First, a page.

Okay, 122,000 Iowans have rendered whatever political judgment predominantly white, wealthy and conservative Christians in a farm state can render in a nation that is racially diverse, income-challenged, religiously mixed and increasingly urban.
As a liberal Democrat, I watch the unfolding Republican campaign with interest but no investment. As a citizen, I am pleased that people care enough to vote and that all votes count. A zesty campaign is good for democracy.
As a Christian, however, I am appalled at candidates’ flagrant abuse of the Gospel. They trumpet the worst kind of religion: judgmental, harsh, legalistic, exclusionary, demagogic.
In pandering to the right, they turn prayer into a weapon, Jesus into their partisan, and God into a monster. They score points in the culture wars by trashing a Messiah whose actual words and deeds sound nothing like their stump speeches.
Religion is a powerful weapon for those who seek power. Demagogues routinely surround themselves with religious spectacles, cherry-pick sacred texts to denounce their political enemies, and turn people’s trust in God into shouts of rage. Just as Satan used Scripture against Jesus, so do power-seekers weave the Gospel into their dishonest rhetoric.
It is important, therefore, that we hear John the Baptist dealing directly with power. He didn’t explain Jesus as a nicer guy, a brighter intellect, a man of better lineage, or a holder of right-opinion on cultural concerns. John said Jesus was “more powerful.”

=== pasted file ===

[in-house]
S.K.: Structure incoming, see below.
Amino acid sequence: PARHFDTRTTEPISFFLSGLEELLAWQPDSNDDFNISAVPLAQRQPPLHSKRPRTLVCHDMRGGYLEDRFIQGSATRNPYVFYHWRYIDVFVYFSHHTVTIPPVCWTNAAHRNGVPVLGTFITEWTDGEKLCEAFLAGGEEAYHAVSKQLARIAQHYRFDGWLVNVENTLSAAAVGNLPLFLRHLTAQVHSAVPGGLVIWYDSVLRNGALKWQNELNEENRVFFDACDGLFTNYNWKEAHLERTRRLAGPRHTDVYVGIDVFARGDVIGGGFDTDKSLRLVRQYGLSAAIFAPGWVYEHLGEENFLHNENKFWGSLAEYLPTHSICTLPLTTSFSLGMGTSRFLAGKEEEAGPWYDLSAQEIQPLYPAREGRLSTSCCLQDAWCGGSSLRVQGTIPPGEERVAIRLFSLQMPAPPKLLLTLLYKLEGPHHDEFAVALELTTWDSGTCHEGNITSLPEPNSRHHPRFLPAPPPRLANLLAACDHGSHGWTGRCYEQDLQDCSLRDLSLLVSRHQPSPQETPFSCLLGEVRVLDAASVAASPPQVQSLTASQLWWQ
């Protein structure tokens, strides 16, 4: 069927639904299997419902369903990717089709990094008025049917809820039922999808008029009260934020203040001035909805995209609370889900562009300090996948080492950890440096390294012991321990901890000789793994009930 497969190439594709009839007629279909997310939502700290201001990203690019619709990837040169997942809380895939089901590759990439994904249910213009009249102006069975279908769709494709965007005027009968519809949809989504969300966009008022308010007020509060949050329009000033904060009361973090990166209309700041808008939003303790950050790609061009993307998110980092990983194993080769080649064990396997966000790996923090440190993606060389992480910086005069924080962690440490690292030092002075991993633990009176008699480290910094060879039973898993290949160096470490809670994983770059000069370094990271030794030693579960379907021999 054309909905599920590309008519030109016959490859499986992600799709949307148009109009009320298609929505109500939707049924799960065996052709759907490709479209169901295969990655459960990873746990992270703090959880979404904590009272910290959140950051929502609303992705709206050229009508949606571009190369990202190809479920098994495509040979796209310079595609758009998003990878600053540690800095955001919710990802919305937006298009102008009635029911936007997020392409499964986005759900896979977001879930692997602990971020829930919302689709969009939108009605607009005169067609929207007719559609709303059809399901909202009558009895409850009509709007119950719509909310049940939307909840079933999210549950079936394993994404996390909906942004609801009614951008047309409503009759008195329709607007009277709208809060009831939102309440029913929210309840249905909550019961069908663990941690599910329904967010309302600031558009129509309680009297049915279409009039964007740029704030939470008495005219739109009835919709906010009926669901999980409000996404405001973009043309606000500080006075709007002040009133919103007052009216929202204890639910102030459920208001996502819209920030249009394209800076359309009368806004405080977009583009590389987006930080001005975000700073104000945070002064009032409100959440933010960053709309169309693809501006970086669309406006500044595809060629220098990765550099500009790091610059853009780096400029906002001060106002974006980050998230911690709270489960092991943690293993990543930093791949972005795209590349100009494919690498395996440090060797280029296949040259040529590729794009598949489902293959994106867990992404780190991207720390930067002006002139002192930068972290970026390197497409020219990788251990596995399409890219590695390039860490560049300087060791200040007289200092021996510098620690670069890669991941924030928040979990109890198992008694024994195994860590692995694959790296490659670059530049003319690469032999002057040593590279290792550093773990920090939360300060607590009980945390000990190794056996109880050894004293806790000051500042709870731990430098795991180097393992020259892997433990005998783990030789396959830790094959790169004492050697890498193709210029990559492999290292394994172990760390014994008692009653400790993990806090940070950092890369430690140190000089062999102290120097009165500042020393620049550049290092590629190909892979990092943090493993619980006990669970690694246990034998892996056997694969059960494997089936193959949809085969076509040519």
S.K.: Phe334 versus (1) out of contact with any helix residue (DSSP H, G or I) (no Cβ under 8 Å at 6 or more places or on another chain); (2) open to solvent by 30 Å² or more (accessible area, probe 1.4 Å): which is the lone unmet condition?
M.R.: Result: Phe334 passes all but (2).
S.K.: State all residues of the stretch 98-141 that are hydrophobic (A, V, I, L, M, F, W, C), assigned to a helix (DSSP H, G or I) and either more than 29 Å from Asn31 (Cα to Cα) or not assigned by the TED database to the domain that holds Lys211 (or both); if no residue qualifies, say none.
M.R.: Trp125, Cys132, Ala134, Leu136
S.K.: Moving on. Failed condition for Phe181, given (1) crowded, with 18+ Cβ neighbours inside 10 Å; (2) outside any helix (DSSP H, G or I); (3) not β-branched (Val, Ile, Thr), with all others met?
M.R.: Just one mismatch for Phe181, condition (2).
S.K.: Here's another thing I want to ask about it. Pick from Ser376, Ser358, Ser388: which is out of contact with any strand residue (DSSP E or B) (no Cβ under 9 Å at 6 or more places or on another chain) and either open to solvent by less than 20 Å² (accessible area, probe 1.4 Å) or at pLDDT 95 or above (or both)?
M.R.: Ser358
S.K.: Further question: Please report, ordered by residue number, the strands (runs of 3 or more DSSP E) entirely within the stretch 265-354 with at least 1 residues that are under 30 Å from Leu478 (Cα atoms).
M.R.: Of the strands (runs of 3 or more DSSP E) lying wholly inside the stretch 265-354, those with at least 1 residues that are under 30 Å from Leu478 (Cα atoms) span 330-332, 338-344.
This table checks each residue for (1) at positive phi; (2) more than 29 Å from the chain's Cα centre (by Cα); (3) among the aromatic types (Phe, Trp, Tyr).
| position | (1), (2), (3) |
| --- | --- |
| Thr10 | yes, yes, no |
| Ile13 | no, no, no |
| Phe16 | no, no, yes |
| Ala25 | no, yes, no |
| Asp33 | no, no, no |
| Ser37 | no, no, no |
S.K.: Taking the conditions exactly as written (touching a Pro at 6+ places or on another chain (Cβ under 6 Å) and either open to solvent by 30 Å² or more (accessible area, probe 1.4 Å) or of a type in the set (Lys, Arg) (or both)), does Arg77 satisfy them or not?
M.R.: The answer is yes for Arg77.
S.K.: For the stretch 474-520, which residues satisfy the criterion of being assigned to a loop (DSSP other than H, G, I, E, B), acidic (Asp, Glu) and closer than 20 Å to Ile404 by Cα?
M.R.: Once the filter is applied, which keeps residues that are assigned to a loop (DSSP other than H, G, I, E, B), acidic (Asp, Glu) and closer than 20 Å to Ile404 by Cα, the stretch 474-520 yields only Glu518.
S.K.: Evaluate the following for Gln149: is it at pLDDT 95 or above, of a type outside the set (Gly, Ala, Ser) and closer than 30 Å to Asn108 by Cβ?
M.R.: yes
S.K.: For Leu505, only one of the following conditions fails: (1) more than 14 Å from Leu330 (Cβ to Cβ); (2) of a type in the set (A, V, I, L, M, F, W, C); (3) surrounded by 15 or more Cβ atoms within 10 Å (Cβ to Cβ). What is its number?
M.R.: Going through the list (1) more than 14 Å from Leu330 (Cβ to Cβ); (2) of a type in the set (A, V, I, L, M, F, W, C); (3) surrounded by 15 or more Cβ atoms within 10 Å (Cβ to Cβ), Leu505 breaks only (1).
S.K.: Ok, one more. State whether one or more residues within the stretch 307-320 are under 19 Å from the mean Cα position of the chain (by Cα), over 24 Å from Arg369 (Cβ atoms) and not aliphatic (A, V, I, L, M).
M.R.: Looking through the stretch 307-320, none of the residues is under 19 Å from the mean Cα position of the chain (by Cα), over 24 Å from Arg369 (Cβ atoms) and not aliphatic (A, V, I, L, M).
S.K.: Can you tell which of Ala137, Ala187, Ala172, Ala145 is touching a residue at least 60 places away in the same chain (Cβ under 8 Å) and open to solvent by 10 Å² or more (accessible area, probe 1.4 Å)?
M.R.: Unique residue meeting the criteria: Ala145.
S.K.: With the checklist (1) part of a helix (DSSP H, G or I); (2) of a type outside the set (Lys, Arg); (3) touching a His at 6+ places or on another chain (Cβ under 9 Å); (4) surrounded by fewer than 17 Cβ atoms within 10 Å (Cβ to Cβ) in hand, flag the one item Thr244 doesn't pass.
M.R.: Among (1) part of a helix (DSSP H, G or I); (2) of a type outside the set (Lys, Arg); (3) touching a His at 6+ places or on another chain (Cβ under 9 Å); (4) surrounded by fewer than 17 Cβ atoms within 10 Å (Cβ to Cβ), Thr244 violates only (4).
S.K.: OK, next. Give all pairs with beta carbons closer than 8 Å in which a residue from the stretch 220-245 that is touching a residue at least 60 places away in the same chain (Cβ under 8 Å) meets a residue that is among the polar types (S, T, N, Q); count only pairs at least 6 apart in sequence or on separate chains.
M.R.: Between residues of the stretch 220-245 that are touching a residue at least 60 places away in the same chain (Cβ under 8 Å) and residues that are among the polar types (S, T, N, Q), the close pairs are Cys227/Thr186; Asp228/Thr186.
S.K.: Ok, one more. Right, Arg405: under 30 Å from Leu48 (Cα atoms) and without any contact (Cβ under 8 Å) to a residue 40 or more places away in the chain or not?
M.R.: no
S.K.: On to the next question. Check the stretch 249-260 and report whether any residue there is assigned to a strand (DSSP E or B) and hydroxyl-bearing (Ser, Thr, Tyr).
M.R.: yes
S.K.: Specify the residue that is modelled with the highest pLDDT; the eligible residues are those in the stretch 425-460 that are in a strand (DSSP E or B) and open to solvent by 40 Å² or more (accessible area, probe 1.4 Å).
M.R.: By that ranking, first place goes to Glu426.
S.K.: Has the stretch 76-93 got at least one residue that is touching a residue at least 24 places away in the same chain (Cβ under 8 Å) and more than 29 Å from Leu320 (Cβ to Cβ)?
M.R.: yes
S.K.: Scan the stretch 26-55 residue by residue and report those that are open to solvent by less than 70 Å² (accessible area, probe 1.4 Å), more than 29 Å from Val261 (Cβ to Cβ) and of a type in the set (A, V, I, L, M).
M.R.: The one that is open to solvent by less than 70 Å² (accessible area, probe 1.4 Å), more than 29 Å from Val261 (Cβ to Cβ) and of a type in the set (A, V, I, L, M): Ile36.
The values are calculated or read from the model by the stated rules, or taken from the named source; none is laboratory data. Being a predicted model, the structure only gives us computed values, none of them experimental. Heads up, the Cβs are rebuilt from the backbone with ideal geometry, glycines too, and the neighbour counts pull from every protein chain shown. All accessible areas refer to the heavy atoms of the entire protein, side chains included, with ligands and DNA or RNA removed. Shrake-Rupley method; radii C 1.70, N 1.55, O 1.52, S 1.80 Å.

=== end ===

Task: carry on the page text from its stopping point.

He came bearing God’s power – the power that stands up against the darkness, the power that rains justice on people, not angry religion. His power beckoned lives to change toward the good. His power defied custom and crossed the very cultural boundaries that today’s politicians defend as sacred.
Christianity, at its best, lifts up this power, not as an excuse to claim a worldly throne, but as the light by which all can find life. Christianity doesn’t name enemies and threaten punitive legislation; it loves enemies and sees all humanity as worthy. Christianity doesn’t demonize gays, immigrants or minorities; it welcomes all to God’s table.
Christianity doesn’t align itself with one political party; it commands all power-seekers to be just and merciful. Christianity doesn’t exalt one nation; it shines God’s light to all nations.
We can’t cause politicians to be anything other than what they are. But we can, following John, welcome the greater power of God. The “gospel” that will be shouted now in New Hampshire and South Carolina isn’t the Gospel that John proclaimed and Jesus lived. We need to tell the true story.
(This post is from my On a Journey Daily Meditation series. You can subscribe to these weekday reflections at http://www.morningwalkmedia.com/subscribe/.)